Tuesday, May 27, 2014

Post-Impressionism (pt. 4)

Paul Gauguin exhibited as an Impressionist before moving on to his own style.  Unsatisfied with Impressionism as it currently stood, he began work on developing new ideas inspired by the Japanese woodblock prints which had been so inspiring to his contemporaries, finding within them not merely a lack of spatial construct but a cultural tone of symbolic significance.  He saw that the way in which something was painted communicated ideas about that thing, and that through art painters possessed greater liberties in communicating with an audience because they could not only paint selected scenes and items but could paint them stylistically.  In effort to push Impressionism forward, then, Gauguin joined the artistic school of the Symbolists.  Symbolism was, essentially, the artistic theory that art could, given its unique medium for creative expression, and should, given artists' higher calling to record truth around them, concern itself chiefly with the representation of intangible truths and ideas that could be expressed in no other ways.  To put it in terms of an example, no other medium could, theoretically, put an image to the abstract quintessence of, say, love or sorrow.  A painting could, in effect, record such a thing.  These artworks could be symbols of the immaterial aspects of everyday life in the way that Impressionism was about recording visually the scenes of everyday life among the multitude.  These paintings, therefore, frequently show angels or representative beings like Death, Wisdom, et cetera (just what Courbet promised he would never paint).
With these motivations, then, Paul Gauguin painted The Yellow Christ, a totally new look at an old topic: the Crucifixion.  We can see immediately that the artist has painted this scene in a wholly untraditional light.  It has been stripped of its realism and painted with the simplicity of cartoon imagery.  What's more, the scene itself appears toned down, and the thematic material, softened up.  Never has the Crucifixion looked so pacified and tame.  There is no blood in the painting, and Christ's crown of thorns is noticeably missing.  The expression on Jesus' face seems to be one of calm relaxation, not excruciating agony.  Golgotha, the place of our Lord's death, has here been changed to a peaceful, pastoral setting, filled with rich, red autumn trees (which, by the way, form hearts).  And replacing the mocking crowd of jeering spectators is a group of humble nuns who quietly accept the scene with some passivity.  Some people are offended by this painting.  It almost looks sacrilegious.  Just what is the artist doing here?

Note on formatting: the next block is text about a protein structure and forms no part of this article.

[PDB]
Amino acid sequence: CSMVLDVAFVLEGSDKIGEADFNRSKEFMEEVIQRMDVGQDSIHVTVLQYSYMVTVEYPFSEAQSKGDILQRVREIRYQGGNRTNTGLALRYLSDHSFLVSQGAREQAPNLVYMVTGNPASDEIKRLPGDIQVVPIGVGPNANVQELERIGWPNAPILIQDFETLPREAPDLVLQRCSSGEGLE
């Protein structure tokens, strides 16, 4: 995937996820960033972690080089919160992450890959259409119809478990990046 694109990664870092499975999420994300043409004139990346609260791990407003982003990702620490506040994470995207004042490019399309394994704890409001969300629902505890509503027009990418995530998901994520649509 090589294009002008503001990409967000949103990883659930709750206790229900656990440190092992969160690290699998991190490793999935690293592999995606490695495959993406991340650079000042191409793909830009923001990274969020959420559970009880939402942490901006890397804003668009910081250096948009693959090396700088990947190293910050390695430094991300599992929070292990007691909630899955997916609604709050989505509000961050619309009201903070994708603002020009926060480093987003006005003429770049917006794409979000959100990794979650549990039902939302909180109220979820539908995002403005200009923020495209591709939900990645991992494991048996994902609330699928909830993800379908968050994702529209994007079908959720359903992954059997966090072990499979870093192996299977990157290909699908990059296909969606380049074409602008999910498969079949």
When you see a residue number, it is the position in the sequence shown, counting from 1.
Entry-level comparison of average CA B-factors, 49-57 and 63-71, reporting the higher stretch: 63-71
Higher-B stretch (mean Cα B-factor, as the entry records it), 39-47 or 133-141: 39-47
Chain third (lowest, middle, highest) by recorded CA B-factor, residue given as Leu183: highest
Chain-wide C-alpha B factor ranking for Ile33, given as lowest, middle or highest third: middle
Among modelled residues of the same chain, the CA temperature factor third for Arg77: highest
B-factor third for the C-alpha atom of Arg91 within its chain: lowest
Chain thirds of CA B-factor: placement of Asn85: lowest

As a Symbolist, Gauguin painted the qualities of ideology attached to a subject matter within a painting of that subject.  When considering the sufferings of Christ on the cross he thought of the widely instituted religious connotations that such a scene had come to signify in his contemporary culture; that Christ's Passion was an expression of His love, and that His death was a gift bringing peace and redemption to those who would put their faith in Him—(haven't researched Gauguin's personal religious beliefs, so don't misinterpret me; this is a staple of broader Christendom at that time, not necessarily his own convictions).  Therefore, the death of Christ represents something sweet to the Believer, something in which he can take comfort and look to with fondness—(and, by the way, these ideas are not expressive of my own beliefs either, let it be clearly noted).  Through Symbolist style, then, the artist sought to re-imagine the Crucifixion in the way people tended to think of it, or respond to it: with sentimentalism.  That is why it does not appear realistic.  The intensity of the colors (their brightness and purity) is exaggerated because the event has so starkly continued on into the Modern world in its telling and retelling, losing (allegedly) its accuracy over the years and entering into the category of traditional folklore or childlike faith, rather than splendorous revelation of profound truth, like the Renaissance artists portrayed it as.  Everything is moderated here.  Do you remember Grunewald's depiction of the Crucifixion?  Compare that to this, and the difference goes beyond black-and-white extremes.  Religion, however, had grown to become the societal institution for moral order and peaceable courtesy.  In the Victorian Age, a "good Christian man" came to mean a well-behaved, genteel man of upstanding character and reputation; it was something respectable, temperate, and nice, so no wonder this Symbolist representation of the Christian faith is painted with such gentleness and pleasantness of form.  Christ's love, forgiveness of sin, reconciliation with God the Father are all positive things; so why paint a Crucifixion scene that's depressing, violent, and austere?  (These are some of the notions of the Symbolist art theory behind this painting).

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